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Chapter: 11th Mathematics : UNIT 3 : Trigonometry

Trigonometric functions and their properties

The trigonometric ratios to any angle in terms of radian measure are called trigonometric functions.

Trigonometric functions and their properties
 

1. Trigonometric Functions of any angle in terms of Cartesian coordinates


We have studied the principles of trigonometric ratios in the lower classes using acute angles . But we come across many angles which are not acute. We shall extend the acute angle idea and define trigonometric functions for any angle. The trigonometric ratios to any angle in terms of radian measure are called trigonometric functions.

Let P(x, y) be a point other than the origin on the terminal side of an angle θ in standard position . Let OP = r.
Thus, r = √(x2 + y2)
The six trigonometric functions of θ are defined as follows:

 

Trigonometric ratios of Quadrantal angles

Let us recall that an angle in its standard position for which the terminal side coincides with one of the axes, is a Quadrantal angle. We shall find the trigonometric ratios for the quadrantal angles.

Consider the unit circle x2 +y2 = 1. Let P(x, y) be a point on the unit circle where the terminal side of the angle θ intersects the unit circle.

Thus, the coordinates of any point P(x, y) on the unit circle is (cos θ,sin θ). In this way, the angle measure θ is associated with a point on the unit circle.
The following table illustrates how trigonometric function values are determined for a Quadrantal angles using the above explanation.


 

2. Trigonometric Functions of real numbers

For applications of trigonometry to the problems in higher mathematics including calculus and to problems in physics and chemistry, scientists required trigonometric functions of real numbers. This was skillfully done by exhibiting a correspondence between an angle and an arc length denoting a real number on a unit circle.
Consider a unit circle with the centre at the origin. Let the angle zero (in radian measure) be associated with the point A(1, 0) on the unit circle. Draw a tangent to the unit circle at the point A(1, 0). Let t be a real number such that is y- coordinate of a point on the tangent line.

For each real number t, identify a point B(x, y) on the unit circle such that the arc length AB is equal to t. If t is positive, choose the point B(x, y) in the anticlockwise direction, otherwise choose it in the clockwise direction. Let θ be the angle subtended by the arc AB at the centre. In this way, we have a function w(t) associating a real number t to a point on the unit circle. Such a function is called a wrapping function . Then s =  gives arc length t = θ.
Now, define sin t = sin θ and cos t = cos θ.
Clearly, sin t = sin θ = y and cos t = cos θ = x.
Using sin t and cos t, other trigonometric functions can be defined as functions of real numbers.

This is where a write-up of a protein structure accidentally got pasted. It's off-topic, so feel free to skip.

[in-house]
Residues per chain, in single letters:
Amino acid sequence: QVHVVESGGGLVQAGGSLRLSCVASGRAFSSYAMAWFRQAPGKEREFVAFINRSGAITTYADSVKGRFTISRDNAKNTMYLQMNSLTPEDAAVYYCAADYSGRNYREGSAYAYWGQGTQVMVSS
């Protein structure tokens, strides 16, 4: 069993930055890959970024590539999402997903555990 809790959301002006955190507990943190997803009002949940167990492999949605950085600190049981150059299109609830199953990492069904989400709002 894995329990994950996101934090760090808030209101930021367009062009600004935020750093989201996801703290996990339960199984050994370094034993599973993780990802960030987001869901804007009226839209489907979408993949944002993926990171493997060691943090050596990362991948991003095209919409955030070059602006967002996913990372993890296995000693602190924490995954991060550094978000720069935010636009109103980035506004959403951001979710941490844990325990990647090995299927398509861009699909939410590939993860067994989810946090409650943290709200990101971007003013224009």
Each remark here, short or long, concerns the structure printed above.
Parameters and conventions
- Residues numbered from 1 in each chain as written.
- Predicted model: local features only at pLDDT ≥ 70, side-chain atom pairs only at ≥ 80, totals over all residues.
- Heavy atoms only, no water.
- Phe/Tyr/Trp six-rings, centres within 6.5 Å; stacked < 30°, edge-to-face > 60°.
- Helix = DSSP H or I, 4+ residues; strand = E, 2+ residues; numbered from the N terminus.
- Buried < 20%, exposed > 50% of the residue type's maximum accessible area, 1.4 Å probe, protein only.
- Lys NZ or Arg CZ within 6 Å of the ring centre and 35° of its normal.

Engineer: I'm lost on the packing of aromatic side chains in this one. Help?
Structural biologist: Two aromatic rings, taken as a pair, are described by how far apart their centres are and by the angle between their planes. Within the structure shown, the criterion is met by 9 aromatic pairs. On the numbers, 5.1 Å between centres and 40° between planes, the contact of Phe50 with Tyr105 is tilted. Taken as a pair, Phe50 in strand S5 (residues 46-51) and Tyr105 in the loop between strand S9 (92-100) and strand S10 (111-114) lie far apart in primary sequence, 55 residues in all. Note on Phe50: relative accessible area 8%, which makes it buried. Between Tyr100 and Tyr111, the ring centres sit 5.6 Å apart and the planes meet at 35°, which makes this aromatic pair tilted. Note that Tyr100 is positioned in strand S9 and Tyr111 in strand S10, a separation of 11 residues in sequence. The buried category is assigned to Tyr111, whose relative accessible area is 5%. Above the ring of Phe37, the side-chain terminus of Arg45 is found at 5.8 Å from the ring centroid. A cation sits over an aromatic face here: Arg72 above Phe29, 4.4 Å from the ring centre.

Signs of Trigonometric functions
Consider a unit circle with centre at the origin. Let θ be in standard position. Let P(x, y) be the point on the unit circle corresponding to the angle θ. Then, cos θ = x, sin θ = y and tan θ = y/x.
The values of x and y are positive or negative depending on the quadrant in which P lies.

 
In the first quadrant:
cos θ = x > 0 (positive); sin θ = y > 0 (positive)
Thus, cos θ and sin θ and hence all trigonometric functions are positive in the first quadrant.
 
In the second quadrant:
cos θ = x < 0 (negative); sin θ = y > 0 (positive)
Thus, sin θ and cosec θ are positive and others are negative.
Similarly, we can find the sign of trigonometric functions in other two quadrants.
Let us illustrate the above discussions in Figure 3.10.
 
Signs of trigonometric functions in various quadrants can be remembered with the slogan
“All Students Take Chocolate”. (ASTC rule)

 

3. Allied Angles






 

4. Some Characteristics of Trigonometric Functions


Periodicity of Trigonometric Functions


We know that a function f is said to be a periodic function with period p, if there exists a smallest positive number p such thatf(x + p) = f(x) for all x in the domain.
For example, sin (x + 2) = sin x, n  Z.
i.e., sin (+ 2π) = sin (+ 4π) = sin (+ 6π) = . . . = sin x Thus, sin x is a periodic function with period 2π.
Similarly, cos x , cosecx and sec x are periodic functions with period 2π.
But tan x and cot x are periodic functions with period π.
The periodicity of sin x and cos x can be viewed best using their graphs.
 

Here x represents a variable angle. Take the horizontal axis to be the x-axis and vertical axis to be the y-axis. Graph of the function y = sin x is shown in the Figure 3.13. First, note that it is periodic of period 2π. Geometrically it means that if you take the curve and slide it 2π either left or right, then the curve falls back on itself. Second, note that the graph is within one unit of the y-axis. The graph increases and decreases periodically. For instance, increases from −π/2 to π/2 and decreases from π/2 to 3π/2.

 

 

Odd and Even trigonometric functions

Even and odd functions are functions satisfying certain symmetries. A real valued function f(x) is an even function if it satisfiesf(−x) = f(x) for all real number x and an odd function if it satisfies f(−x) = −f(x) for all real number x.
Basic trigonometric functions are examples of non-polynomial even and odd functions
Because cos(−x) = cos x and sin(−x) =  sin x for all x, it follows that cos x is an even function and sin x is an odd function.
Also note that sec x is an even function while tan x, cosec x and cot x are all odd functions. However, f(t) = t  cos t is neither even function nor odd function (why ?)

 


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